Trusting your ability to evaluate the strengths and weaknesses of another person is CRITICAL to being able to find love. To understand what you are dealing with with another human being, you have to be able to see beyond the “limerence” the sexual infatuation (I used to call this the “First 100 @#$$ Syndrome.) One of the best ways to do this is to ask if you would be interested in being a friend with this person if you had the same plumbing (unless you’re gay, of course!)
I often hear comedians talking about how they hate their boyfriend/girlfriend’s friends. Really? That seems to be far more common than hating the friends of your buddies. Why is that, I wonder? I suspect because some very different criteria are being applied: you’re blinded by the nookie. Sorry, but sex just isn’t that special. IF you love yourself and have developed your attractive factors so that you know you can attract what you desire, there is no desperation, and you’ll see that there are many,many potential partners. From them, choose the ones you find most attractive, but also who you would enjoy as friends even if sex was not involved.
How do you develop the confidence to know you aren’t making a mistake? Frankly, by surviving mistakes. In certain ways, there is no other option. But here are some ways to tell how deep the pool is…or once you get in the ocean, the rip tides and heaven forbid, the sharks.
- Meet their friends and family. Listen between the words of what people say about your intended. Get a sense of how they spoke of their past relationships.
- Meet their actual exes if possible. If your intended gets bad-mouthed, either they deserve it, or they have poor judgement in partners.
- Watch the way they treat other people. Friends, service individuals. The way they speak about exes, co-workers, business partners, bosses. PAY ATTENTION. The way they treat other people is your best measure of how they will treat you. The way they talk about their exes is the way they’ll speak of you, one day real soon.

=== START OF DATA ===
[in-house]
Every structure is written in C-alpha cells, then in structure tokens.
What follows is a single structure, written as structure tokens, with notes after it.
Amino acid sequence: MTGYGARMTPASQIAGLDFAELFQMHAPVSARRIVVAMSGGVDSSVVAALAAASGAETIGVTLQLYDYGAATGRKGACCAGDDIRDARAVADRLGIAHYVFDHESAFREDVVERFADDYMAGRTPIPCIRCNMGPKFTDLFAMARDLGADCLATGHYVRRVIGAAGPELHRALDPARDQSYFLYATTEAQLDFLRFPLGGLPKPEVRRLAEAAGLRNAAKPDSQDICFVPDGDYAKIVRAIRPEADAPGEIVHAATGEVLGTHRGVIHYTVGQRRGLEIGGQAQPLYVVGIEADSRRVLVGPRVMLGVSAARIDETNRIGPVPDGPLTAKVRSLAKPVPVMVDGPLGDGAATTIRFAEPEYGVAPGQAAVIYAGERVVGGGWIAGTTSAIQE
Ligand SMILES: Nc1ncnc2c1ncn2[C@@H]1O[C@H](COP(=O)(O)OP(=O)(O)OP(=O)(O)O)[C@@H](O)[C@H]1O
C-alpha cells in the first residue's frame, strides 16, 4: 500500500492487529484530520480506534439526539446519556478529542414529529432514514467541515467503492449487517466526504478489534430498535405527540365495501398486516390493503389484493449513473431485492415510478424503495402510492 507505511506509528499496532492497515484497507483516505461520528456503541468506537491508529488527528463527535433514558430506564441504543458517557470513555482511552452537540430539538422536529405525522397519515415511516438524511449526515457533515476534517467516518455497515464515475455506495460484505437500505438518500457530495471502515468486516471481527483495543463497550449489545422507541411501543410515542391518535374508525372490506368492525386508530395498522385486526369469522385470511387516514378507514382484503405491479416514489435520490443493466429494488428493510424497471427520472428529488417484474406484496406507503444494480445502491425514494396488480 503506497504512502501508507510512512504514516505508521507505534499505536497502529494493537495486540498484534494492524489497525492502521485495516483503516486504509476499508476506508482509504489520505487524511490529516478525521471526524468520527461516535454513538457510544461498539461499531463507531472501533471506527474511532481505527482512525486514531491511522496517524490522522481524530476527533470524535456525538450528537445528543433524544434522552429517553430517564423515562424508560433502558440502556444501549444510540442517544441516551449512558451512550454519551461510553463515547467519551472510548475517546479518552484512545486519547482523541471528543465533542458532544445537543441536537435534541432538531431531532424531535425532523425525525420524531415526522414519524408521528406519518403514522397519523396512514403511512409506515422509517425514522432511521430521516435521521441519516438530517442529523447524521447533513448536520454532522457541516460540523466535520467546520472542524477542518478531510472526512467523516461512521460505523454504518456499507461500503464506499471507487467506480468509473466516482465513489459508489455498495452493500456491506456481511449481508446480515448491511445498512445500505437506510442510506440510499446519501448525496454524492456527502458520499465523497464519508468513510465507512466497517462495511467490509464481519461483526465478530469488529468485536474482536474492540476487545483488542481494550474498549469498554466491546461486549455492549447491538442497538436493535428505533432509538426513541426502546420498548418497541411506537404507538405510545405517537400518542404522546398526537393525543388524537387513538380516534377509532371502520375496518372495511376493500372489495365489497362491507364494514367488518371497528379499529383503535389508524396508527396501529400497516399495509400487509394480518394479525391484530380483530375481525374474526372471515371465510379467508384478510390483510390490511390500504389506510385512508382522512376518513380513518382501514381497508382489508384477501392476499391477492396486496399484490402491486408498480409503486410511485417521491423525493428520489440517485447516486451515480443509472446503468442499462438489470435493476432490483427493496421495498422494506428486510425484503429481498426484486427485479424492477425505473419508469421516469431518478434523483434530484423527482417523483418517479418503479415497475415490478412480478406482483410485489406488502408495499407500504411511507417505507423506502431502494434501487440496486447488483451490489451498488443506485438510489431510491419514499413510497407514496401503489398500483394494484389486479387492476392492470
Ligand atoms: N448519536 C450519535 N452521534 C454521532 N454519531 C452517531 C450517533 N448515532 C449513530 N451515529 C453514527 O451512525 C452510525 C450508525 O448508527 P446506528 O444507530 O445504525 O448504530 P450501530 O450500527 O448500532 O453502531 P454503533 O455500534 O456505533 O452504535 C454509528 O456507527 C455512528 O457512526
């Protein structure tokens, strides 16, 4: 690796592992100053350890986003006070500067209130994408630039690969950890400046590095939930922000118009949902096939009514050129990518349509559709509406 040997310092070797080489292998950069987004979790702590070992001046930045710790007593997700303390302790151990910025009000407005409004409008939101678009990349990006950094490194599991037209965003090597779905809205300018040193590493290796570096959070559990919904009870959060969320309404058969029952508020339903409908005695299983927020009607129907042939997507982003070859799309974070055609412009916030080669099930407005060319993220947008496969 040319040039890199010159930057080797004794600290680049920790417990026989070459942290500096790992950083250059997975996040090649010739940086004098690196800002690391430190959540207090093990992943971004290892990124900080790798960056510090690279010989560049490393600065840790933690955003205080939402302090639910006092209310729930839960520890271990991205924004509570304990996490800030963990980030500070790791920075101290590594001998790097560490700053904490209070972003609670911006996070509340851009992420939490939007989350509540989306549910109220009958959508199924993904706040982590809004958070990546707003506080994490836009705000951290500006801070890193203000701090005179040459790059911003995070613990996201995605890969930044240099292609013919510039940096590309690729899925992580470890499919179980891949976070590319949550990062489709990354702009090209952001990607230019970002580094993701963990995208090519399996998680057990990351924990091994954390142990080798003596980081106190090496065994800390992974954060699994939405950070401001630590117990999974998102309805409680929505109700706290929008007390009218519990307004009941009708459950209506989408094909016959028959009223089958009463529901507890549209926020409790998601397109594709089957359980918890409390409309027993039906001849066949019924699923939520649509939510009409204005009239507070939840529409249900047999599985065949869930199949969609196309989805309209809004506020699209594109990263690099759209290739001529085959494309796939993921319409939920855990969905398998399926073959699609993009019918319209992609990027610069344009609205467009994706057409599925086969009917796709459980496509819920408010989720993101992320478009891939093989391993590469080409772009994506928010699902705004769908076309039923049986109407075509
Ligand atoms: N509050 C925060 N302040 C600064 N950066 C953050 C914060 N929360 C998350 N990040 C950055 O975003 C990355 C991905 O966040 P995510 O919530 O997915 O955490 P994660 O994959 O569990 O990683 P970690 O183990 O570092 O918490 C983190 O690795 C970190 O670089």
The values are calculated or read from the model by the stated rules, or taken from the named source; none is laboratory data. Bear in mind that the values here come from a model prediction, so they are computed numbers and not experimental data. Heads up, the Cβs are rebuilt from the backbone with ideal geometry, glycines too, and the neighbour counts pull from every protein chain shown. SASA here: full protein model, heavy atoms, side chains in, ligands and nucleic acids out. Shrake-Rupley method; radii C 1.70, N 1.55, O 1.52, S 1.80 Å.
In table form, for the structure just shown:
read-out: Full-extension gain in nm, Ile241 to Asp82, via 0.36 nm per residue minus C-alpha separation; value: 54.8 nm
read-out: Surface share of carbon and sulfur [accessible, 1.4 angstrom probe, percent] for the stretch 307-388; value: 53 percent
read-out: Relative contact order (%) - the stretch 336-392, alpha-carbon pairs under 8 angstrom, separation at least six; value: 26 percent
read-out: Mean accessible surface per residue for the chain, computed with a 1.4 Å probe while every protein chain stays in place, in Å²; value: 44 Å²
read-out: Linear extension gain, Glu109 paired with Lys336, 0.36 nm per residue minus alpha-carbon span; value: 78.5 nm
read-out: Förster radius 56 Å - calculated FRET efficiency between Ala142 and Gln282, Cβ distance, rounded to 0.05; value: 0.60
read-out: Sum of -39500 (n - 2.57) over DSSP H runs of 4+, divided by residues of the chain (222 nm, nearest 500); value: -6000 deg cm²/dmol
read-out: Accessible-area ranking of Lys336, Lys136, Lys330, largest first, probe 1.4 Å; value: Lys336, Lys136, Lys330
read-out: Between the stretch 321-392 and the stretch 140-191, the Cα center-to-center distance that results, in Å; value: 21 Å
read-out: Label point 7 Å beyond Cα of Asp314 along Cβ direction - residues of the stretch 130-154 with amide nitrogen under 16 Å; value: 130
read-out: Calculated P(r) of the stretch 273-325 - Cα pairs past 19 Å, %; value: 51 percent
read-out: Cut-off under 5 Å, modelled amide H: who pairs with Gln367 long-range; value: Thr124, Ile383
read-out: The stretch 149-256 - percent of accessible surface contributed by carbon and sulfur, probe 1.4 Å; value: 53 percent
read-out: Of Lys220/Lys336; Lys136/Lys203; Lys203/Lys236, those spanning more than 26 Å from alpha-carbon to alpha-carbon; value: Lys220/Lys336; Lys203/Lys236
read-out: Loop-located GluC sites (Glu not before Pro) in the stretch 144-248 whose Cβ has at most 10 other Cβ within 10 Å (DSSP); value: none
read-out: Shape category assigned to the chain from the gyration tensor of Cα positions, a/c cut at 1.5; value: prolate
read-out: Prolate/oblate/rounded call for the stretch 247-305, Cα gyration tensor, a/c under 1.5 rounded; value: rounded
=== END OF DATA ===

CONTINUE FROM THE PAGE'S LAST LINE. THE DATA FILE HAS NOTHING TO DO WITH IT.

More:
- Watch the way they are under stress. When sick, or broke, or dealing with troublesome family. Do NOT assume that their bad behavior will never be directed at you. Huge, horrible mistake. Yes, it will.
- Pay more attention to what they do than what they say. “I’m sorry. It won’t happen again” is only believable once or twice. Once is happenstance. Twice is coincidence. The third time, its enemy action.
- Ask yourself: “if I had a son or daughter I adored, would I advise them to be in relationship with this person?” If not, why are YOU in relationship with them?
- Your partner is you, flipped and scrambled a bit, but with the same amount of basic “stuff”, good and bad. I chuckle at the “I don’t deserve my wife/husband” stuff. “She’s too good for me…” Its a good joke, and a sweet thing to say…unless you’re serious. Because if you’re serious, the other half of that has to be that you don’t respect their judgement. If you did, you’d respect their choice…in you. If you don’t love yourself, you won’t be able to see the good in yourself, and your partner’s love will actually undermine your respect for them. Or, you will develop “Impostor Syndrome” and begin to sabotage that relationship…
Jeeze. You can drill down on this forever. But the point is that this second level (finding a partner) is only secondary in importance to finding yourself. It is a major part of the chain of life in most higher species, and humans are no exception. Every rabbit in the woods finds a mate. If you don’t, or cannot, I suggest that you go back to step #1, love yourself more deeply, gird up your loins and take another shot.
Yeah, you have to get in the pool. You have to swallow a little water. Or you’ll always sit on the sidelines, watching the others have fun, and blaming the world for things you should have done for yourself.